* China coronavirus death toll rises to 361
* Spot gold may seek a support at $1,573/oz - technicals
* Gold specs cut bullish positions in week to Jan. 28 - CFTC
By Sumita Layek
Feb 3 (Reuters) - Gold prices dipped 1% on Monday after hitting a near four-week high, as China’s central bank cut reverse repo rates and injected liquidity into markets to help support an economy hit by a coronavirus outbreak.
Chinese authorities pledged to use various monetary policy tools to ensure liquidity remains reasonably ample amid the virus outbreak in Wuhan, which has so far claimed 361 lives.
Spot gold fell as much as 1% before trading 0.8% lower at $1,577.38 per ounce by 0819 GMT. Earlier in the day, it touched its highest since Jan. 8 at $1,591.46. U.S. gold futures shed 0.4% to $1,581.70.
“The fact that the People’s Bank of China (PBOC) is backstopping (the impact from the virus) is driving gold lower,” said Stephen Innes, chief market strategist at AxiCorp.
“... But there’ll be a considerable knock-on effect over the longer term, given the fact that 50% of China is shut this week and there will be a drop in production and consumption.”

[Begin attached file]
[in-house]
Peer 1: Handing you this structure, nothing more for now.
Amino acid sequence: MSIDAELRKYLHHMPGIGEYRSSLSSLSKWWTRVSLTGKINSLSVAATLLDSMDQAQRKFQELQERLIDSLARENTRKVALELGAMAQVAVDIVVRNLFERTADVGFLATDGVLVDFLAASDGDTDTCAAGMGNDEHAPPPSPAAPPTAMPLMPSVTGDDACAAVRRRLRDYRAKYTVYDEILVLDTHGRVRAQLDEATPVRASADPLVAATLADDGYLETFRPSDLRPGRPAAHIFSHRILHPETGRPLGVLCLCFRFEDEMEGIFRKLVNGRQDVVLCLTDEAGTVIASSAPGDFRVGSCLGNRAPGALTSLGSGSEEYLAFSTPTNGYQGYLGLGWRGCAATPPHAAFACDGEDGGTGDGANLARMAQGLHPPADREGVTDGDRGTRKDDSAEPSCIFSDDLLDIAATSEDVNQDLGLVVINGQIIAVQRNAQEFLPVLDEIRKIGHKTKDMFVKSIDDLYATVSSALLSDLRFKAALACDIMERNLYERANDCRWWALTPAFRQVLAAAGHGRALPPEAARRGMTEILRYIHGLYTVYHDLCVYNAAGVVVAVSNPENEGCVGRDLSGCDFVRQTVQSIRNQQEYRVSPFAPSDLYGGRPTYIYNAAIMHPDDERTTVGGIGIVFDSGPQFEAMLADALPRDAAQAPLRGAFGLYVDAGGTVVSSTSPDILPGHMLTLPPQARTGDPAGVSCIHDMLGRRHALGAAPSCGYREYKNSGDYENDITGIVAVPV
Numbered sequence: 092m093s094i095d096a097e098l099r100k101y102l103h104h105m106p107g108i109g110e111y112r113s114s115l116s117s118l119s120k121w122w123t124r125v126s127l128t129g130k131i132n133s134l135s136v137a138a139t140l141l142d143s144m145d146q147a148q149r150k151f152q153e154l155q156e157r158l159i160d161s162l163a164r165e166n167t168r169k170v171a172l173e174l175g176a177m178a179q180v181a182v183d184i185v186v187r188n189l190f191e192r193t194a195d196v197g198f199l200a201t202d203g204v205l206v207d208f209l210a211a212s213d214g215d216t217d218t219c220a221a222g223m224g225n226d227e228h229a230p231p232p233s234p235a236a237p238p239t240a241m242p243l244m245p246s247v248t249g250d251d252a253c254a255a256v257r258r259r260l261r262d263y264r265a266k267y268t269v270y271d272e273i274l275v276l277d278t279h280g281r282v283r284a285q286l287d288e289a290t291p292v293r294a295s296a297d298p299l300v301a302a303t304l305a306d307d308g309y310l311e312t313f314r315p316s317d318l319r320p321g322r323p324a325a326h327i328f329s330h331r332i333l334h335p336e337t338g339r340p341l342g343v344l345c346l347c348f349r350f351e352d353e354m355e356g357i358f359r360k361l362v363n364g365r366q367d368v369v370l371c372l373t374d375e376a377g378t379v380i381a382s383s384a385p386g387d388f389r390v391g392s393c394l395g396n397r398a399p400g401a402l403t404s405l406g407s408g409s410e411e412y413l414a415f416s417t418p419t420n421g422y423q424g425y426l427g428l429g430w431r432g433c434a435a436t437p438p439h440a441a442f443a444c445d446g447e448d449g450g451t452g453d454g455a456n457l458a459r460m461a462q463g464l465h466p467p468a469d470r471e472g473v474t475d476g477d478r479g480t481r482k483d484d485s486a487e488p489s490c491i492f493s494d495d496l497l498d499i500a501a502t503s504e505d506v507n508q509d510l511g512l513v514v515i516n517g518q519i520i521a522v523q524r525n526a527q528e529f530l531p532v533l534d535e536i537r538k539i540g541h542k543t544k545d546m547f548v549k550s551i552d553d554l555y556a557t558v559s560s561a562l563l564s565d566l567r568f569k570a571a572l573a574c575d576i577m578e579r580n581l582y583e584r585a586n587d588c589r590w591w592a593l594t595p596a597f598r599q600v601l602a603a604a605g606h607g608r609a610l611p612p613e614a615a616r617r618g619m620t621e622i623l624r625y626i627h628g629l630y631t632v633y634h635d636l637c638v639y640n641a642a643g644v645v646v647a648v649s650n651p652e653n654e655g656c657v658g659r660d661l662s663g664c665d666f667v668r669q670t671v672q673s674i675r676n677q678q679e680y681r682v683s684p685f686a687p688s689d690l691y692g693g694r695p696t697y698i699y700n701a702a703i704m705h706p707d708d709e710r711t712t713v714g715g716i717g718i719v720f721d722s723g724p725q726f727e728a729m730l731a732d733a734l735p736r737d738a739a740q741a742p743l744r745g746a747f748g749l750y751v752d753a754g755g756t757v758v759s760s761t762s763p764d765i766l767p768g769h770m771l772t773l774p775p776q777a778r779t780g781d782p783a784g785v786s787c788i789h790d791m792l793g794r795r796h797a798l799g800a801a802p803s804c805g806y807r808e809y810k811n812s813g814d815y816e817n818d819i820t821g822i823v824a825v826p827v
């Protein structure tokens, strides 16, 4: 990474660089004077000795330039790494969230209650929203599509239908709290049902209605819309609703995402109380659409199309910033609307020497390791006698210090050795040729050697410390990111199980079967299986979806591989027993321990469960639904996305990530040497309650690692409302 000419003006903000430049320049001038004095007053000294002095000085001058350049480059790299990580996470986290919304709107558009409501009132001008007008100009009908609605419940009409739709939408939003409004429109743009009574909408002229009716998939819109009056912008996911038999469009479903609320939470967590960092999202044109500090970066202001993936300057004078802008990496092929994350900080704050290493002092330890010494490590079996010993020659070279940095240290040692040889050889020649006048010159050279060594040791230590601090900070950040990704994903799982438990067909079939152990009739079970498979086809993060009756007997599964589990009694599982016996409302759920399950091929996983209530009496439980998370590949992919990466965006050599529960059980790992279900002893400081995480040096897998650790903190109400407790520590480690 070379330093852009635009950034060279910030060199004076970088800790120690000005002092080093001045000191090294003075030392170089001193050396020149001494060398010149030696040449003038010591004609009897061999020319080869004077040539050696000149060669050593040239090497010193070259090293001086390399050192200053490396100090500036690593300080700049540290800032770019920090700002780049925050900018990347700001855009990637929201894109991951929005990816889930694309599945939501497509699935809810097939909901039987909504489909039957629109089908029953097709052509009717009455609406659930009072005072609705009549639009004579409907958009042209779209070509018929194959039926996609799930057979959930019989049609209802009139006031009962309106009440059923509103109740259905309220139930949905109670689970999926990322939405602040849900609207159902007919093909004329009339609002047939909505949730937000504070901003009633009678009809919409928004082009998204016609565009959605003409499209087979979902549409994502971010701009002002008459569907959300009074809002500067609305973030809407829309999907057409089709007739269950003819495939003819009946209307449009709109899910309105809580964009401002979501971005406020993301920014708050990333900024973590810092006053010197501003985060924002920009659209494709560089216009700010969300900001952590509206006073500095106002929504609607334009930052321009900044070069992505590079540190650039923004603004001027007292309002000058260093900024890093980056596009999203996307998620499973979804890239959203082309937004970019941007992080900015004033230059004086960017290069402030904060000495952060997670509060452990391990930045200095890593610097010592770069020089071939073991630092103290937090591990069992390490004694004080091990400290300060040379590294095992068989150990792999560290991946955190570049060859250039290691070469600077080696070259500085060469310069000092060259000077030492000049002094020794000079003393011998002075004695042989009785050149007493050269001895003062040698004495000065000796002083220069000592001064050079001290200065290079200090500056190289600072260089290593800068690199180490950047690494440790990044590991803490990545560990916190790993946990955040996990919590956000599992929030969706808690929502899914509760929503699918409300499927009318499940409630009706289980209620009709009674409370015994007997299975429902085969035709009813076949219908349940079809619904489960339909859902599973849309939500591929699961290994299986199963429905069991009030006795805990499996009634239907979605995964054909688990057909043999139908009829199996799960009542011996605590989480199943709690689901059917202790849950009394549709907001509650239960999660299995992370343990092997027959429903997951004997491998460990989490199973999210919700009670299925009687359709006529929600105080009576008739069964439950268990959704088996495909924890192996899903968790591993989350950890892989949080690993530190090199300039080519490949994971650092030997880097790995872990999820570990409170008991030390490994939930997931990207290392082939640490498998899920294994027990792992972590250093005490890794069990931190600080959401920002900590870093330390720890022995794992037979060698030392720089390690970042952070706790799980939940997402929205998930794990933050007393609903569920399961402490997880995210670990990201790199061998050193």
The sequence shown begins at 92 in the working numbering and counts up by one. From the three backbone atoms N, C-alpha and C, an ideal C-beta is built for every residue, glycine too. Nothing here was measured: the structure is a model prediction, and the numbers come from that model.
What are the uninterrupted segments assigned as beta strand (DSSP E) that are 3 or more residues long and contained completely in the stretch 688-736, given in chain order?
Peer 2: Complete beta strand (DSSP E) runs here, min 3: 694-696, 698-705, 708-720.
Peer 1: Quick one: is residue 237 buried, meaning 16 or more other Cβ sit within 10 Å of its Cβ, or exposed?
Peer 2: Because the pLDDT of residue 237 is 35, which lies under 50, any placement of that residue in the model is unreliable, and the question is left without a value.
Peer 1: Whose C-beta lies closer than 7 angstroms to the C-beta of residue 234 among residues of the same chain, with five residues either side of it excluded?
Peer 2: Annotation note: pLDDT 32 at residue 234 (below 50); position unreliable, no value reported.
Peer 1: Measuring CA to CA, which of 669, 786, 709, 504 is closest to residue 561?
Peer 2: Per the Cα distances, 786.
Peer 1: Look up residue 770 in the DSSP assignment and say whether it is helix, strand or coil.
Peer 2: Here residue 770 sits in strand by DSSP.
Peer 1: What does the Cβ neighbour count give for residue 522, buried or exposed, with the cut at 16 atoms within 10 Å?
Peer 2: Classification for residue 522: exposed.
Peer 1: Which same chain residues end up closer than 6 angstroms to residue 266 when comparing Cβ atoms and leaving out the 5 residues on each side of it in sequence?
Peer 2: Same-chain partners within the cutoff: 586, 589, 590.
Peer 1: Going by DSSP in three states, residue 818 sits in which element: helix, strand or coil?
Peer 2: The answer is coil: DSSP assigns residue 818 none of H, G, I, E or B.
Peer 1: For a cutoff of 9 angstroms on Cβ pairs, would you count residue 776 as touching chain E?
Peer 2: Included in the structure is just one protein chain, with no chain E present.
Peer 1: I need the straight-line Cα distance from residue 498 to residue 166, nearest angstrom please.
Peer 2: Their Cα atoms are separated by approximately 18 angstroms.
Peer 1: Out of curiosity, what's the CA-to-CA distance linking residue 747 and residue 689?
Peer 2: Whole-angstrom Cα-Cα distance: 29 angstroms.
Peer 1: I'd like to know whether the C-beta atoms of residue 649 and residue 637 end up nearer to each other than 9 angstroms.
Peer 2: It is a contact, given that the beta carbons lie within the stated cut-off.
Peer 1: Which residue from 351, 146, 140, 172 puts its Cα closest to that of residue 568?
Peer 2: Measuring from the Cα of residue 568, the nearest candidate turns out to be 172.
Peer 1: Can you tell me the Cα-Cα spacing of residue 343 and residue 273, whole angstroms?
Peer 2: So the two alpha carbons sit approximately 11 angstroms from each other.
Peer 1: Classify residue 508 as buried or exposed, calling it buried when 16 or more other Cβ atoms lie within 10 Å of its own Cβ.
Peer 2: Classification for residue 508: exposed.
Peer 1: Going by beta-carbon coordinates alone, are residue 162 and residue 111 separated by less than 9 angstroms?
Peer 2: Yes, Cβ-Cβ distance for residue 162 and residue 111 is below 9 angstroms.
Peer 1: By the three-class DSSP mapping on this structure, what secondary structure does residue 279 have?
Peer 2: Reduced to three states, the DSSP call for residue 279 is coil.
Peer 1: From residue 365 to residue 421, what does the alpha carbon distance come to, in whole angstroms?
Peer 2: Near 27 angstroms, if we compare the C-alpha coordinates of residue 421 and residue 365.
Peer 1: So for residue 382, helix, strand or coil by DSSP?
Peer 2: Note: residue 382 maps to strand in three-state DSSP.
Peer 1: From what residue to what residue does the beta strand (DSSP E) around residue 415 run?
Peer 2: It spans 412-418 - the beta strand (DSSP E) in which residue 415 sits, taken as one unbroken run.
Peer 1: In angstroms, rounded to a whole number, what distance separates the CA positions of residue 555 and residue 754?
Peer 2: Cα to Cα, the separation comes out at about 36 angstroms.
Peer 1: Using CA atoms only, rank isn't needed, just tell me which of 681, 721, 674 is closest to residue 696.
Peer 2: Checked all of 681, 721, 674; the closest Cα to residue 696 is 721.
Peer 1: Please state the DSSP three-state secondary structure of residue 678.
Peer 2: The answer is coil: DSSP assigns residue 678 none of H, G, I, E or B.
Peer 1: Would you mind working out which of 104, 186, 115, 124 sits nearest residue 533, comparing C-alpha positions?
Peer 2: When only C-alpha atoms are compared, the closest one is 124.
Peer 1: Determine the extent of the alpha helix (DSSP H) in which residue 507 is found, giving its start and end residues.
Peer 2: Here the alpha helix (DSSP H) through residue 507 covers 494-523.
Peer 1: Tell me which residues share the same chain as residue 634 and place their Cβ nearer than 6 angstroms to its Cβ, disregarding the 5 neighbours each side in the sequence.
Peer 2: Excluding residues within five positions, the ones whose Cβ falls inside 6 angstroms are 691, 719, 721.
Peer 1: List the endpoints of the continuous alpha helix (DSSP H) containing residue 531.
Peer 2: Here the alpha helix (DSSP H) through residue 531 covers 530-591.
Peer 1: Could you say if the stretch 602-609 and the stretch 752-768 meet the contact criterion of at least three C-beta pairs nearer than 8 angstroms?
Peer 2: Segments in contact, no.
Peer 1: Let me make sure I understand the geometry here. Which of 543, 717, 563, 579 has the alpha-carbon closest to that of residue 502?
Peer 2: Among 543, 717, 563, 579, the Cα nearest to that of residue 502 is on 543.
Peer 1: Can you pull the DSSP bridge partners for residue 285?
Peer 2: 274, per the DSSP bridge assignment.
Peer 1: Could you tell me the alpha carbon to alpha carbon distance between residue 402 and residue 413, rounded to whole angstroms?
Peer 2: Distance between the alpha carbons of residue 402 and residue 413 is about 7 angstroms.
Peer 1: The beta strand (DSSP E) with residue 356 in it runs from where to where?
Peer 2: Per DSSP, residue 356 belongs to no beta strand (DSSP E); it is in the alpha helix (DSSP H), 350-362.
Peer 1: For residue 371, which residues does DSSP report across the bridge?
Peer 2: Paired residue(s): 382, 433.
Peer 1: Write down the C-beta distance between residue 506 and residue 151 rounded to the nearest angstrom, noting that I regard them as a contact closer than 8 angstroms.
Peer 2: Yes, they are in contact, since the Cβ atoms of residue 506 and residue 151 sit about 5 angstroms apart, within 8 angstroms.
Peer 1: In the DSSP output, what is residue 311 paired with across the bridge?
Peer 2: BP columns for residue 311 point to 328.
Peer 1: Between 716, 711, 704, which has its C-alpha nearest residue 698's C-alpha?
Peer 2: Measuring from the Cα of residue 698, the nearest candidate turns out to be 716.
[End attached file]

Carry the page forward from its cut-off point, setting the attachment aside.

The dollar also firmed against a basket of rivals, making gold expensive for holders of other currencies.
Asian shares fell to near two-month lows on fears the epidemic could deliver a blow to the Chinese economy.
Investors took stock of PBOC’s measures, which included lowering of the 7 and 14 day reverse repo rate to 2.40% and 2.55% respectively, and an injection of 1.2 trillion yuan ($174 billion) worth of liquidity into the markets.
However, AxiCorp’s Innes said “once we get through this ‘band-aid effect’, the reality will set in that there is an economic tumult about to happen in China, which is going to spread globally and force a lot of central banks to cut rates.”
Data showed China’s factory activity expanded at its slowest pace in five months in January, which traders said likely did not reflect the early impact of the virus in late January and that the readings could worsen in the coming months.
“There are chances for further economic improvement measures from China, that is the reason gold prices have corrected, though the broad outlook (for gold) is still positive as long as the virus threatens the entire economy,” said Hareesh V, head of commodity research at Geojit Financial Services.
Spot gold may seek a support at $1,573 per ounce, and then resume its uptrend, said Reuters technical analyst Wang Tao.
Speculators cut their bullish positions in COMEX gold contracts in the week to Jan. 28, data showed on Friday.
Palladium fell 0.2% to $2,273.78 an ounce, silver fell 1.4% to $17.78, and platinum shed 0.1% to $955.53. (Reporting by Sumita Layek in Bengaluru; Editing by Subhranshu Sahu and Aditya Soni)